“The only thing we learn from history is that we learn nothing from history.”
— Friedrich Hegel
We will learn even less from history if we wipe it clean, as some are trying to do by removing statues of Confederate leaders whose beliefs about slavery and race most, including me, find offensive. Conversation beats censorship.
The Rev. Al Sharpton, who has been in relative obscurity since the loss of his MSNBC program, vaulted back into this three-ring political circus recently when he suggested to Charlie Rose that federal subsidies for the Thomas Jefferson Memorial should end, because Jefferson owned slaves.
People like Mr. Sharpton fan the flames they claim need extinguishing. Some even start the fires, like those characters from a bad B-movie who confronted each other in Charlottesville, Va., causing death and destruction, not only to individuals and property, but to the links that have traditionally held us together as a nation, in spite of our differences.
As usual, the media have contributed to the cultural fracturing by elevating tiny groups of bigots and leftists to center stage. Drivers slow down and pay attention to car wrecks and cultural collisions.
Part of this chaos comes from government’s inability, or unwillingness, to solve, or even address, major challenges. We aren’t winning wars in Afghanistan or against ISIS, which has taken credit for the vehicle attack in Barcelona that killed 15 people and wounded scores more.
We aren’t winning battles over health care, taxes or much else in Washington, where gridlocked rush-hour traffic could serve as a metaphor for a gridlocked Congress. President Trump promised during the campaign he would win so much the rest of us would grow tired of winning. We have yet to reach anything approaching exhaustion.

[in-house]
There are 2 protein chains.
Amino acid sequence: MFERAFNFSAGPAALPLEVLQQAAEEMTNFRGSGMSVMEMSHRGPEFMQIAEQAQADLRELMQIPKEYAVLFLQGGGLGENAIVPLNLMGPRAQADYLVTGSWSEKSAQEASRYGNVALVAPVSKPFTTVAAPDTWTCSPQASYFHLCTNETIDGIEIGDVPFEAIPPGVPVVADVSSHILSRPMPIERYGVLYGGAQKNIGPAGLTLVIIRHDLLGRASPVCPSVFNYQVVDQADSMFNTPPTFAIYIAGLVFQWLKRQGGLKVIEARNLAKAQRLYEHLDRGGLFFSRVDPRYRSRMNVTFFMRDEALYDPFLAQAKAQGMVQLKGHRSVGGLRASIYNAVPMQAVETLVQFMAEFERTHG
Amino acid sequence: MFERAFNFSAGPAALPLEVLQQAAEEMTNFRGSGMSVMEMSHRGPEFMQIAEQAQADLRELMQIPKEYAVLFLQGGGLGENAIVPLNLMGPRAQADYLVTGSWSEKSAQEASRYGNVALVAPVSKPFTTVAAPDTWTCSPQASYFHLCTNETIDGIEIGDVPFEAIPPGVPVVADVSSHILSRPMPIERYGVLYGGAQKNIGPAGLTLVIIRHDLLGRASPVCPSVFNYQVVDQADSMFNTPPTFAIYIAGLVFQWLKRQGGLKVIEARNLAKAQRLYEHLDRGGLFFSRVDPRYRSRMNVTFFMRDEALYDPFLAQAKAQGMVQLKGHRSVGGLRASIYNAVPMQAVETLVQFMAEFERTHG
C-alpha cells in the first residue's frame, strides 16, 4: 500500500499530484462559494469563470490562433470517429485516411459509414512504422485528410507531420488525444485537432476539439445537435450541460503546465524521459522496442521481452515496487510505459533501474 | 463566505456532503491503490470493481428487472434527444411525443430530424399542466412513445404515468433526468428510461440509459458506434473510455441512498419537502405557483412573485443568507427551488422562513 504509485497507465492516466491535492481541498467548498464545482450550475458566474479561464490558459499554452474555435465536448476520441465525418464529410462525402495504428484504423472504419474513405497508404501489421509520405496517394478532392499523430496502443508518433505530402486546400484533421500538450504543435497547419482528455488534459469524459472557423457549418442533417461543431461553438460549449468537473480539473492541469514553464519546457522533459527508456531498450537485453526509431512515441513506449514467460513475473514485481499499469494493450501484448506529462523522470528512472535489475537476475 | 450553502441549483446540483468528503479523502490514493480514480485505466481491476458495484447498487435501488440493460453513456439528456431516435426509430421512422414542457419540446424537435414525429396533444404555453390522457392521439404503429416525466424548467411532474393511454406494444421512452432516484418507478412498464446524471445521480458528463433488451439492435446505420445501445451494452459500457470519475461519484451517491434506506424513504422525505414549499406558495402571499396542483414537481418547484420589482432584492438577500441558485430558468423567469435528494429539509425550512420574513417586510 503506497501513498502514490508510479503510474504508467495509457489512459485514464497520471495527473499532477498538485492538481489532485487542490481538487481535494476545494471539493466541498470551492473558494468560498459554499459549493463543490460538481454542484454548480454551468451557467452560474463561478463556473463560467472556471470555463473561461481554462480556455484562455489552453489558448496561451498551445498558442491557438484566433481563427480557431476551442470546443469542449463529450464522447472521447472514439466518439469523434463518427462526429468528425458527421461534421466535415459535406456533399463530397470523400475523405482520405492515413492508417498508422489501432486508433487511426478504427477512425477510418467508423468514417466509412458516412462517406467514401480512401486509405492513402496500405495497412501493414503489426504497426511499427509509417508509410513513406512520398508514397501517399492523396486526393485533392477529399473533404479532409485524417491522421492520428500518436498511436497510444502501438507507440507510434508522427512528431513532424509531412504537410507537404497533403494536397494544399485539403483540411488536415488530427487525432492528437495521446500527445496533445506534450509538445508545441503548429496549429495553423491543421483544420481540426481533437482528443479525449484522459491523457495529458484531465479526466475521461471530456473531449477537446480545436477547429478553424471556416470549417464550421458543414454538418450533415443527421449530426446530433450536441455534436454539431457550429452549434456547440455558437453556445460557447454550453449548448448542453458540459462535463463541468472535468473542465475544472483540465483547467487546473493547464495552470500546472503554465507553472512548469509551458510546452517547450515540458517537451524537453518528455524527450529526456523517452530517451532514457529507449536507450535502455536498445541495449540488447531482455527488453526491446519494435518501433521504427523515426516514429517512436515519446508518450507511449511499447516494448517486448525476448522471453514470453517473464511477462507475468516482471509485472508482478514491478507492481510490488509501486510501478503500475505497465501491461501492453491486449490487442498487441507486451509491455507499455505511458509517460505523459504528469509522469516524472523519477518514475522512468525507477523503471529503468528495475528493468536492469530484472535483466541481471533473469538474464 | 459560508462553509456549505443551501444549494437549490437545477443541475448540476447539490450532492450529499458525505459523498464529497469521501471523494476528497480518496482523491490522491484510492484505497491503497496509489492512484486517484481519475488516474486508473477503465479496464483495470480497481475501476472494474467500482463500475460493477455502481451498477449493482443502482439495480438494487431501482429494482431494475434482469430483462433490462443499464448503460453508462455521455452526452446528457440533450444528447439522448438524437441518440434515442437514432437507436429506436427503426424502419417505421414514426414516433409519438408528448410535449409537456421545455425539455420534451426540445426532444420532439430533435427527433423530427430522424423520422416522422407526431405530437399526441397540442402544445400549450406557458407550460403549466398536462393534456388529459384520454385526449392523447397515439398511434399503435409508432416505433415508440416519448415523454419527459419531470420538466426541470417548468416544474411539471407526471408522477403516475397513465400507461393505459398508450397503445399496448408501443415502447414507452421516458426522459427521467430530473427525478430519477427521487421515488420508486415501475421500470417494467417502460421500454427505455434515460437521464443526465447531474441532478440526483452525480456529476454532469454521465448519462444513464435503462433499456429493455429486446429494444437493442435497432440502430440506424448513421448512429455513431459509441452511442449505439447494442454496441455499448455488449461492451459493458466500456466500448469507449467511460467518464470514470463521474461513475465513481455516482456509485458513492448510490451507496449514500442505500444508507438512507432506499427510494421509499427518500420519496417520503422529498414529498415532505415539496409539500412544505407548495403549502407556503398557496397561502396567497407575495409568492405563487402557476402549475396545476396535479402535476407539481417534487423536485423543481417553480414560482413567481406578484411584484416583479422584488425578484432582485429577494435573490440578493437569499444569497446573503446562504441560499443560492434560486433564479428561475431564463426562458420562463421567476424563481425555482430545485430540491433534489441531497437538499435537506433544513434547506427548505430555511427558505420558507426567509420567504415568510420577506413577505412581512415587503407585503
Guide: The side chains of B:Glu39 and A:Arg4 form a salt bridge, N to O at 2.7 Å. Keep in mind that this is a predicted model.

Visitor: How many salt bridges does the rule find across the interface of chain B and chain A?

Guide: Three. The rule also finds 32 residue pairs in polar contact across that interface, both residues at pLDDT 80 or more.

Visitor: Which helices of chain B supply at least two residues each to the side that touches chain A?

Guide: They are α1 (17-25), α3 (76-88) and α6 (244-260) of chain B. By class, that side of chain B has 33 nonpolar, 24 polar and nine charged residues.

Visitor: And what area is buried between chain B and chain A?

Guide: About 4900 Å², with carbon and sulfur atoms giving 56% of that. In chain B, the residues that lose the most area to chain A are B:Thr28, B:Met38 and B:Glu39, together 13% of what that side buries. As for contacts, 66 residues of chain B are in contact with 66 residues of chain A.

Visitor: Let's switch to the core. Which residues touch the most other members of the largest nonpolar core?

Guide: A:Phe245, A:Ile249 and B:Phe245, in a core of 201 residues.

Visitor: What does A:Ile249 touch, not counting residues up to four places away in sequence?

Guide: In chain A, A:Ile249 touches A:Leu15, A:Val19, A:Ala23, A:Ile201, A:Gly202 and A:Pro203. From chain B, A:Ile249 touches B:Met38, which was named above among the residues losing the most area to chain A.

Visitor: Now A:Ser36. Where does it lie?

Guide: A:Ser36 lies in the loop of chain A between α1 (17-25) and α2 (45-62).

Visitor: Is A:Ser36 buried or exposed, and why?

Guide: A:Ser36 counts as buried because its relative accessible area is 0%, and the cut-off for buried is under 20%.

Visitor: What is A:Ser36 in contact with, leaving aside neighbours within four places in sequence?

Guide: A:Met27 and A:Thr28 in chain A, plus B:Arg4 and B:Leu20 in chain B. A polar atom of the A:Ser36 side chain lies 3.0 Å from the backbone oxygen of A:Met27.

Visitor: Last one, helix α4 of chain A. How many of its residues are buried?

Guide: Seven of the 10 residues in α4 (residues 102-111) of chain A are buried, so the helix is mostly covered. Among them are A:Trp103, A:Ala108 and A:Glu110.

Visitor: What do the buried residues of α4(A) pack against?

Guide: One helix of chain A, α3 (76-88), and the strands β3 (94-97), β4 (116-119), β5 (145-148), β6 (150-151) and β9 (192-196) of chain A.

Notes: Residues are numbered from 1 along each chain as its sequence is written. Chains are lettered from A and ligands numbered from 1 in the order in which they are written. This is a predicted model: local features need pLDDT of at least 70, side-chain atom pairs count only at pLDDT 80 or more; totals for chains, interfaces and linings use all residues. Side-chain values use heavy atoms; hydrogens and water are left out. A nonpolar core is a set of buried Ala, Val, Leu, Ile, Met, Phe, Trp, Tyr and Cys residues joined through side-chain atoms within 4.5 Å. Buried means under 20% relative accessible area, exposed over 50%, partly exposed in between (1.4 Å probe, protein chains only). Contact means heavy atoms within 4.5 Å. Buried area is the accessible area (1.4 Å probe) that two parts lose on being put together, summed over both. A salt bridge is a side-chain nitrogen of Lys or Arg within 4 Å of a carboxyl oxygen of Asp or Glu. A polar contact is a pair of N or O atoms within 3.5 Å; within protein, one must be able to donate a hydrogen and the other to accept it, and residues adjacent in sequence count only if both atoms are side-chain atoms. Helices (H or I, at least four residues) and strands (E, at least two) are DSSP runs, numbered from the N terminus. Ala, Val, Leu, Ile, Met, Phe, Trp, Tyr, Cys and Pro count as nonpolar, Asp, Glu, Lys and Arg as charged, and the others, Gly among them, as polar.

There is an effort by some on the left, not just to rewrite history, which would be bad enough, but to expunge it, as happens in totalitarian states. George Orwell foresaw the danger in such an approach when he created the “memory hole” in his classic novel, “1984.”
For those who never read the book, the memory hole was for destroying all historical documents that could remind, or inform, citizens of the way things were in a time before they were born. History would then be rewritten to match the evolving propaganda of the state. An agency with the euphemistic name “The Ministry of Truth” handled such things.
A similar effort to delete history was the Nazis’ public book burning in Berlin in 1933.
The focus on statues by people whose education level likely wouldn’t pass the “Jeopardy” test is a distraction designed to keep our minds on things other than solving real problems and to pit us against each other for the cultural, political and fundraising benefit and goals of various groups on the left and right.
I like what former NBA star and current sports commentator Charles Barkley said about the removal of Confederate statues: “I’m not going to waste my time worrying about these Confederate statues — that’s wasted energy. You know what I’m gonna do? I’m gonna keep doing great things. I’m gonna keep trying to make a difference — number one, in the black community because I’m black — but I’m also going to try to do good things in the world.”
Mr. Barkley has the right attitude, and if more of us followed his example we might actually achieve something of value for ourselves and the nation. Future generations would then find a history worth studying and emulating.
• Cal Thomas is a nationally syndicated columnist. His latest book is “What Works: Common Sense Solutions for a Stronger America” (Zondervan, 2014).
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